I am a Jordan Peterson fan. I often eat dinner and listen to his lectures. I read his first book, \”12 Rules for Life\” several years ago and was thoroughly engaged with it. Jordan Peterson claims to be a psychologist, but he is a very well educated man. Well educated in subjects beyond psychology, such as philosophy, religion, and even biology. He is a university professor and taught at Harvard for several years.
The book \”Beyond Order,\” a kind of sequel to the first 12 Rules book, was written during a very difficult time in Jordan Peterson\’s life. His daughter and wife had some severe health problems over a span of a few years; then Peterson himself had to go through a very difficult detoxification from benzodiazepines, an anti-anxiety drug. I think this journey through a dark valley is reflected in Beyond Order. While the cover of Peterson\’s first 12 Rules book is white, Beyond Order has a black cover. The darkness shows up in the writing. Beyond Order is much more complicated to read than Peterson\’s first 12 Rules book, and projects a much darker, or deep, human ethos. Peterson\’s favorite word in Beyond Order seems to be malevolent. I think that I only understood portions of Beyond Order because I have listened to many of Peterson\’s podcasts.
It was at rule eleven and page 353 that I received a great message. Rule eleven is \”Do not allow yourself to become resentful, deceitful, or arrogant.\”
After seemingly endless discussions of how the world and other people are malevolent: \”The right attitude to the horror of existence–the alternative to resentment, deceit, and arrogance–is the assumption that there is enough of you, society, and the world to justify existence. That faith in yourself, your fellow man, and the structure of existence itself: the belief that there is enough of you to contend with existence and transform your life into the best it could be. Perhaps you could live in a manner whose nobility, grandeur, and intrinsic meaning would be of sufficient import that you could tolerate the negative elements of existence without becoming so bitter as to transform everything around you into something resembling hell.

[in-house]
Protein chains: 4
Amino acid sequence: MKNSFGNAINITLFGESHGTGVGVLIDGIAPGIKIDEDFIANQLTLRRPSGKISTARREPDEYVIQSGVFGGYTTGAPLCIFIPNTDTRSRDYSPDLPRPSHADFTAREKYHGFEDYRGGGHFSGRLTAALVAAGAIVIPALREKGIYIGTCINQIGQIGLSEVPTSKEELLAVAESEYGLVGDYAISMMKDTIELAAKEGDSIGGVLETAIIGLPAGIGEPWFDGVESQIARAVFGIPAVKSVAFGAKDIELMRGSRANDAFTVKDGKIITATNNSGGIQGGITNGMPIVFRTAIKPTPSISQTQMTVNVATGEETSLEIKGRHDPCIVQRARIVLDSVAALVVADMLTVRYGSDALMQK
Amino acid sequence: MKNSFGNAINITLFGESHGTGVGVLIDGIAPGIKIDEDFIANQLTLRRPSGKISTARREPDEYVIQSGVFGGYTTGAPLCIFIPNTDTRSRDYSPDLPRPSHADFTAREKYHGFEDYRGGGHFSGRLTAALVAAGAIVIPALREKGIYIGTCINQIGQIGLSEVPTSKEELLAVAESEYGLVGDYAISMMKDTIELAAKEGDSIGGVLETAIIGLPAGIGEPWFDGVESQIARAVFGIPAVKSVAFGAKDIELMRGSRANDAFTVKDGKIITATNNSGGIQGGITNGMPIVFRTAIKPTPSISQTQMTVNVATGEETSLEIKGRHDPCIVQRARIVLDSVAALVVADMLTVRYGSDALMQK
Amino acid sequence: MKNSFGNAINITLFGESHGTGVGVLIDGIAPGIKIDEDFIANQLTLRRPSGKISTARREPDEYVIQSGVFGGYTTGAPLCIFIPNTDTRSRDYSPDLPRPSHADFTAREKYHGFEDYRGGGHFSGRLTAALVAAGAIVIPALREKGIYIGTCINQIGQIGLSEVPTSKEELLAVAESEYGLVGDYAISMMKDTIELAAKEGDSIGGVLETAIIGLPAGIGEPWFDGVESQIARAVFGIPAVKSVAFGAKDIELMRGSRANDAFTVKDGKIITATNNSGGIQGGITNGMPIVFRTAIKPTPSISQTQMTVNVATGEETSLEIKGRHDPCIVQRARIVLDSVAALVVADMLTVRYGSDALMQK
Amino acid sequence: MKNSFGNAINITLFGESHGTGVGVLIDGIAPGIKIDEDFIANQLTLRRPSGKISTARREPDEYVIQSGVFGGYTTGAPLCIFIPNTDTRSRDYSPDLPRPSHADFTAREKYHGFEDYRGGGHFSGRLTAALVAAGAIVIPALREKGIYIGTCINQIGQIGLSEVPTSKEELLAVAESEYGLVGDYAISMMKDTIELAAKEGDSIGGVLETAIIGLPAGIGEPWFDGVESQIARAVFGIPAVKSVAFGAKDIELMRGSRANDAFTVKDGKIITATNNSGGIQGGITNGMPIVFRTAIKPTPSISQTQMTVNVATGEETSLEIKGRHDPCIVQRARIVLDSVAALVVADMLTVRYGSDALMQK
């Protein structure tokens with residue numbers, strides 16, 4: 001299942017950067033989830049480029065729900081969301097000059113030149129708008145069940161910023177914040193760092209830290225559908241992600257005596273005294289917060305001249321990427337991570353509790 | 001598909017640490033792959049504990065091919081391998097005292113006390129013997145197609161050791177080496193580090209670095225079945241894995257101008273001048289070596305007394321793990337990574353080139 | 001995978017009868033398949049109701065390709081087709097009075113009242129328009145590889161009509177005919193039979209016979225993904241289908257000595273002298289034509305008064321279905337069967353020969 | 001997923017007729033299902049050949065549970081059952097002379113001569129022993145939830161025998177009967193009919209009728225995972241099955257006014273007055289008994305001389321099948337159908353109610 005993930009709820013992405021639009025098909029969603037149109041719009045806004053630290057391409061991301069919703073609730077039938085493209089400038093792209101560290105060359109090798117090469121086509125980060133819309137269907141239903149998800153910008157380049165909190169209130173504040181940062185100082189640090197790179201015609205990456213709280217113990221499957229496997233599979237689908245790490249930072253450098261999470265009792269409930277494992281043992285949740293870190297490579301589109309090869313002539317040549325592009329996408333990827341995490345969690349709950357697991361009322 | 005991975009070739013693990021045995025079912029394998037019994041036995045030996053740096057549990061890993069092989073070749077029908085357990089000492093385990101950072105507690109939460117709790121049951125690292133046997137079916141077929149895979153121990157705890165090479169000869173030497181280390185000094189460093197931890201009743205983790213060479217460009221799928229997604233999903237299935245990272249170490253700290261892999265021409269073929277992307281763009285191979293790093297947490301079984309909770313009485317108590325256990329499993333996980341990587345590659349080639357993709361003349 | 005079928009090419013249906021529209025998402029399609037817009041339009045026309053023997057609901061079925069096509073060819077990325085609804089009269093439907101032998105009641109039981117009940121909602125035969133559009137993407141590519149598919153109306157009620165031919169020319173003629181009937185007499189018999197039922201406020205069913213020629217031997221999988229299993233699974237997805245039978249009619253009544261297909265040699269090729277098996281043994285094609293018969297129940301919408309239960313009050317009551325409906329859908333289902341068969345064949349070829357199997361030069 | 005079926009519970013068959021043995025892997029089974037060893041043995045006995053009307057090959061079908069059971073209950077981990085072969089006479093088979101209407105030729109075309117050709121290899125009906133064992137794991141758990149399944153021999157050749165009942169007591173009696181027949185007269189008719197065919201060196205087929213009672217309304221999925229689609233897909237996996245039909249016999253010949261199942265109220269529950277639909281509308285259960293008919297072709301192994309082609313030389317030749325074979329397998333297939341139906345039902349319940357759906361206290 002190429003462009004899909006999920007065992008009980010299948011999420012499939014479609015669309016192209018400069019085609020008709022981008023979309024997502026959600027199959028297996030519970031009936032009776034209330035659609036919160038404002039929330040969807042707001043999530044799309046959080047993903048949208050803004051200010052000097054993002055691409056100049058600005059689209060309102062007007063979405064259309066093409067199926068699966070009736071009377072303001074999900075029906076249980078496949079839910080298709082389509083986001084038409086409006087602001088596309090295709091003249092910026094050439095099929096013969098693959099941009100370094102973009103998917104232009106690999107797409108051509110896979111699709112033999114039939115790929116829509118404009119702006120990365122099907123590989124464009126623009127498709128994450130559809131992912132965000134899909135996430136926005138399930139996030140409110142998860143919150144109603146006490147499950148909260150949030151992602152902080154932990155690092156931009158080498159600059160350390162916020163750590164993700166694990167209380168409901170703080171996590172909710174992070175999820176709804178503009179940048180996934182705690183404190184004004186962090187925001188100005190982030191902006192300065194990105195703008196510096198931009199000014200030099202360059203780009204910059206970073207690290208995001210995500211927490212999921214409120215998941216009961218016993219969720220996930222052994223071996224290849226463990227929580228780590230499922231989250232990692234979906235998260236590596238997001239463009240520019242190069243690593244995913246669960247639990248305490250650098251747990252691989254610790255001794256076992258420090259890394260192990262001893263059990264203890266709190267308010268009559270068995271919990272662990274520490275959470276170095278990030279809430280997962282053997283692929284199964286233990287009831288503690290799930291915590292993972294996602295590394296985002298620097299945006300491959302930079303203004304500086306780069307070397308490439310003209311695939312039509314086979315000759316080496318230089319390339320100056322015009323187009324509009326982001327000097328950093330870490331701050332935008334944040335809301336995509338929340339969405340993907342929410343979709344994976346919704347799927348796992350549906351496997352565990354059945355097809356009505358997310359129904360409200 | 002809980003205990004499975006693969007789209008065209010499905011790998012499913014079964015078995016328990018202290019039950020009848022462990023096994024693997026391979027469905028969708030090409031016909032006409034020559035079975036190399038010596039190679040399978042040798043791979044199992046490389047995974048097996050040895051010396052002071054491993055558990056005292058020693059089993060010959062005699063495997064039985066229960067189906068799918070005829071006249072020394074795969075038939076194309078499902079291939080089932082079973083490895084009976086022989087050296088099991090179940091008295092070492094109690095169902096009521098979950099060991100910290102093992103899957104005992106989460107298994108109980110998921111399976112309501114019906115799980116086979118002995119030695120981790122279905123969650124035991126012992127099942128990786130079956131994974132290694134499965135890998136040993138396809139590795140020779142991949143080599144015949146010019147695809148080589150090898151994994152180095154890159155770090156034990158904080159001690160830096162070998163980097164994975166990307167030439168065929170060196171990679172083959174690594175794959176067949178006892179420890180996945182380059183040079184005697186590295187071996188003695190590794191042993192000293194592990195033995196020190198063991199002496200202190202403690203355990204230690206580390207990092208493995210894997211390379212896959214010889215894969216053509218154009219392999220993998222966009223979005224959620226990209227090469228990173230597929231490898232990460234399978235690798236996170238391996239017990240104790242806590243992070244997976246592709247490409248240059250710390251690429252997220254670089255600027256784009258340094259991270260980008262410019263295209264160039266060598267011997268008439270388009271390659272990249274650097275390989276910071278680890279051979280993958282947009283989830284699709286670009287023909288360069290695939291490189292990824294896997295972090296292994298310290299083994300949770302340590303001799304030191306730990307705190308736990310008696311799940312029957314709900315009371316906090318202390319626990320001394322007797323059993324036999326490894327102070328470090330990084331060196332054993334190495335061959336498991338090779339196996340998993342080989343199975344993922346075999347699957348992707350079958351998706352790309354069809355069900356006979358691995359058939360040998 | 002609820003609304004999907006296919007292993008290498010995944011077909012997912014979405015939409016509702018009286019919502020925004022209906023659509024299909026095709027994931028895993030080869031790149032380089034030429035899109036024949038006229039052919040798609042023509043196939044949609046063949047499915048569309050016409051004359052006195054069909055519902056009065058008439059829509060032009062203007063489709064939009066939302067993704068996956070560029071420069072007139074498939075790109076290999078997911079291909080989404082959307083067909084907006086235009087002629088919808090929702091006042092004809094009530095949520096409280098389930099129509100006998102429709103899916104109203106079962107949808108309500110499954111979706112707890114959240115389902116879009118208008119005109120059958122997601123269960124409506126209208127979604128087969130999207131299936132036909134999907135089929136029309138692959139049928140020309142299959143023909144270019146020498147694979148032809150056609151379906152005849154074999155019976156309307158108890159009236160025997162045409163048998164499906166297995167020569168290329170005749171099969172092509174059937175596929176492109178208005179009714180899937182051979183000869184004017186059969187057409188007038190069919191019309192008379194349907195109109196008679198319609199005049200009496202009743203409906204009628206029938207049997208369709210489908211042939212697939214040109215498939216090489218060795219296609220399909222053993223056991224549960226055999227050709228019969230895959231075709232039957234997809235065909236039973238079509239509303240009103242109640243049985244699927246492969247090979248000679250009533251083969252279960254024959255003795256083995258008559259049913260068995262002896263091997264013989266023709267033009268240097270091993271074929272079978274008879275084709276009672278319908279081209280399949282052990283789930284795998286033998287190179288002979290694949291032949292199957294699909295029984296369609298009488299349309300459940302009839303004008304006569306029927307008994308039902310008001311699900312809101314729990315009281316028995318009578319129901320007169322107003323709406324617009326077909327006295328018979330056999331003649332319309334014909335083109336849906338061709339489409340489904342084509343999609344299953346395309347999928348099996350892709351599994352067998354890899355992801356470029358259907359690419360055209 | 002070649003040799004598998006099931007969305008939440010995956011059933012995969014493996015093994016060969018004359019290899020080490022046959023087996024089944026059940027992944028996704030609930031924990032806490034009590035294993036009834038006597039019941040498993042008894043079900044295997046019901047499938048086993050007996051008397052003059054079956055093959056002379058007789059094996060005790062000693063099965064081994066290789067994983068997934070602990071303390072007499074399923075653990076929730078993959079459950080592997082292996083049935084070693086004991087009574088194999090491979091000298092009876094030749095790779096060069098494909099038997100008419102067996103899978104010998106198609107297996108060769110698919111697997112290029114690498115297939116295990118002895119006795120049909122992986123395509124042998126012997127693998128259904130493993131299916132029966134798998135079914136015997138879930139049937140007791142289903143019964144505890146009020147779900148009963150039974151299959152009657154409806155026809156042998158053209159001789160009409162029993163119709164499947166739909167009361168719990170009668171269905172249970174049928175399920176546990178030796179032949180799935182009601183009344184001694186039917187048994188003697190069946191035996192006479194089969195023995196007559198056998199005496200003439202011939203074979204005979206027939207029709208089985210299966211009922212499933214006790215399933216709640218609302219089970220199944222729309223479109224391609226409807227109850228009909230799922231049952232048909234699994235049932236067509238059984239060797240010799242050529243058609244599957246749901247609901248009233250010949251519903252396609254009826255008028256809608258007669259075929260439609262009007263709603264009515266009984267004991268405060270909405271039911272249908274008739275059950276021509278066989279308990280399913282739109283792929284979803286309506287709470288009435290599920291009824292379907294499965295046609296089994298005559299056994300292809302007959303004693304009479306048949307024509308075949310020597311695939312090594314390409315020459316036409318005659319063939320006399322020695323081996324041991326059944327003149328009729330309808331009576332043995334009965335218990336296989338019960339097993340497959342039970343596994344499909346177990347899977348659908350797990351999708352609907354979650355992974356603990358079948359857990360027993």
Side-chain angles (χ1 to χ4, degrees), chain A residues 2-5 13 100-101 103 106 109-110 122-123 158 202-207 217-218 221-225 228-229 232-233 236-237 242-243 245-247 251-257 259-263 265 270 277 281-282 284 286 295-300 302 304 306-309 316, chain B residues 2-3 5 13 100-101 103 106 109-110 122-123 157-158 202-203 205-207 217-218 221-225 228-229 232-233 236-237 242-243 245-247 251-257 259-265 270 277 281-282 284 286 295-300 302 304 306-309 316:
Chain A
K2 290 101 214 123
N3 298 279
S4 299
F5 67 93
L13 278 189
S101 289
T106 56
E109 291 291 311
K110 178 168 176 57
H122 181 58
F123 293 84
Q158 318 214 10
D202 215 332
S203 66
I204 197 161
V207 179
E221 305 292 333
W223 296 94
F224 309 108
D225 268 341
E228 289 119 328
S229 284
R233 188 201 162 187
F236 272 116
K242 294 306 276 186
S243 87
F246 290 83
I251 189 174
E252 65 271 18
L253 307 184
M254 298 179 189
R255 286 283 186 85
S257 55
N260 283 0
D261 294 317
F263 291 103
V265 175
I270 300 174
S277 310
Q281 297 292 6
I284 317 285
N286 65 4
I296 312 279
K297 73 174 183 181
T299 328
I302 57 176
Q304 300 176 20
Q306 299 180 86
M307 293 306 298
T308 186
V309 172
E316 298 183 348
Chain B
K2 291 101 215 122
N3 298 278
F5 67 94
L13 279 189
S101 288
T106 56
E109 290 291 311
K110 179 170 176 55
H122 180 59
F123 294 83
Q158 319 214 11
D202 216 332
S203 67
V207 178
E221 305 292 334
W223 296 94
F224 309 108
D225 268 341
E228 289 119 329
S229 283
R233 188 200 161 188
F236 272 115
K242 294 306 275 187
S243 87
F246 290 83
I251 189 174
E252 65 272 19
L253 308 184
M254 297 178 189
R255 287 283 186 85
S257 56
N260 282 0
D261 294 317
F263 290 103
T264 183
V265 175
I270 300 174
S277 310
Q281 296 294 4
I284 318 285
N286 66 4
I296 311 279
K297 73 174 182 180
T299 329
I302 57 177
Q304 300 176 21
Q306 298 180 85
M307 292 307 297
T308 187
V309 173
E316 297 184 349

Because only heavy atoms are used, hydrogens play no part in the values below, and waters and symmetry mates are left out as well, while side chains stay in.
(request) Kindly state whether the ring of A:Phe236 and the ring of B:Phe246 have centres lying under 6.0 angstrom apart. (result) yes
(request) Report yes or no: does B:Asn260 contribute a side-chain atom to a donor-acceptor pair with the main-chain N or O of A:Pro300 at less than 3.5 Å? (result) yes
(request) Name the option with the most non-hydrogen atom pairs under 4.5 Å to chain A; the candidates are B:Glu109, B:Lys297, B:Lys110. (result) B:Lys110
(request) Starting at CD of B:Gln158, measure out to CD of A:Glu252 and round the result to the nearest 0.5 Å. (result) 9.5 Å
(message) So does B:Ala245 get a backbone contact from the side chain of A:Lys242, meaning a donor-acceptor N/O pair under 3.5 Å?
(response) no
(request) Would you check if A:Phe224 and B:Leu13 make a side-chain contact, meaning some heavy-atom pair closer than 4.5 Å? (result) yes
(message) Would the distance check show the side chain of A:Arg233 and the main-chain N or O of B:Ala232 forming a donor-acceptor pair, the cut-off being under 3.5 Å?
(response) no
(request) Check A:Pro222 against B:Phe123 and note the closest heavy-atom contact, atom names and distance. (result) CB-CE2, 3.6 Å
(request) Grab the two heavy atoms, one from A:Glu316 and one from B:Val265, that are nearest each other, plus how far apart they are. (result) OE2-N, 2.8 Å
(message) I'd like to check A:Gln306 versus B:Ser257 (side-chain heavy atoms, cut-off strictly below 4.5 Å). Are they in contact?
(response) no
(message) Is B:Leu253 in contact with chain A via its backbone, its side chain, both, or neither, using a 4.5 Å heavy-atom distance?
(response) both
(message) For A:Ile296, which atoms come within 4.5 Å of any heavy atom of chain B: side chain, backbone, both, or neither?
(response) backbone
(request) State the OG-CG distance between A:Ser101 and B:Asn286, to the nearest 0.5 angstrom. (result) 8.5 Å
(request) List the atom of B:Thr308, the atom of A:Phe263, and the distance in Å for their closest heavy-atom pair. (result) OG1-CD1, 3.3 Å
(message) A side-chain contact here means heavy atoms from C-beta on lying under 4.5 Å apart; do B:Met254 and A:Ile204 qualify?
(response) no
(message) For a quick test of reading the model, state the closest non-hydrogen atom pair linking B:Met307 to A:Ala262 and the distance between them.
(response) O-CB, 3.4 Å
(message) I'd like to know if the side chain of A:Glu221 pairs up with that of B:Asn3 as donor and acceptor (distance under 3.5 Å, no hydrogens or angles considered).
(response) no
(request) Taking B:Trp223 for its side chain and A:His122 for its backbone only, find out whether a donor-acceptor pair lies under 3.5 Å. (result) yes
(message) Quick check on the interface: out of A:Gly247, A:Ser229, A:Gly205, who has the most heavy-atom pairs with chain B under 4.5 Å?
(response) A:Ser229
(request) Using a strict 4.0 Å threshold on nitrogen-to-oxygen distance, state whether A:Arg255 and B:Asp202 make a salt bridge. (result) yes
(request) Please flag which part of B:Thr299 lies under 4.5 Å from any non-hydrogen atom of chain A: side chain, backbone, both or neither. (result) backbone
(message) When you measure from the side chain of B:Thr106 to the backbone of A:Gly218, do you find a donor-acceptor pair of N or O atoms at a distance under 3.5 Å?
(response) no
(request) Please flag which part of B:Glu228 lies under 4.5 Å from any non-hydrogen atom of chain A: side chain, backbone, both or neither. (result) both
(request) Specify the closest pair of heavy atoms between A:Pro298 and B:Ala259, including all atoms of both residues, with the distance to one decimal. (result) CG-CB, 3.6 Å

\”Of course, we are oppressed by the fundamental uncertainty of Being. Of course, nature does us in, in unjust and painful ways. Of course, our societies tend toward tyranny, and our individual psyches toward evil. But that does not mean that we cannot be good, that our societies cannot be just, and that the natural world cannot array itself in our favor. What if we constrain our malevolence a bit more, serve and transform our institutions more responsibly, and be less resentful? God only knows what the ultimate limit to that might be. How much better could things become if we all avoided the temptation to actively or passively warp the structure of existence; if we replaced anger with the vicissitudes of Being with gratitude and truth? And if we all did that, with diligent and continual purpose, would we not have the best chance of keeping at bay those elements of self, state, and nature that manifest themselves so destructively and cruelly, and that motivate our turning against the world?\”
It occurred to me that I don\’t see such great malevolence in the world as Peterson. I see greater well-being. Especially, I see Being as benign. Nature is not out to get me, and neither are most people. I can take Peterson\’s advice and live in such a way as to make the world a better place. I do not at all have the temptation to warp the structure of reality by doing evil. I have a conscious and continuous practice of gratitude. I have tools to deal with my resentment and anger. And, all I need to do is continue to live in the energy of well-being. Manifesting well-being is the purpose I carry out and my contribution to the world. These realizations about myself reflect many years of emotional work on myself, so it is awesome to feel as wonderful about myself as I do.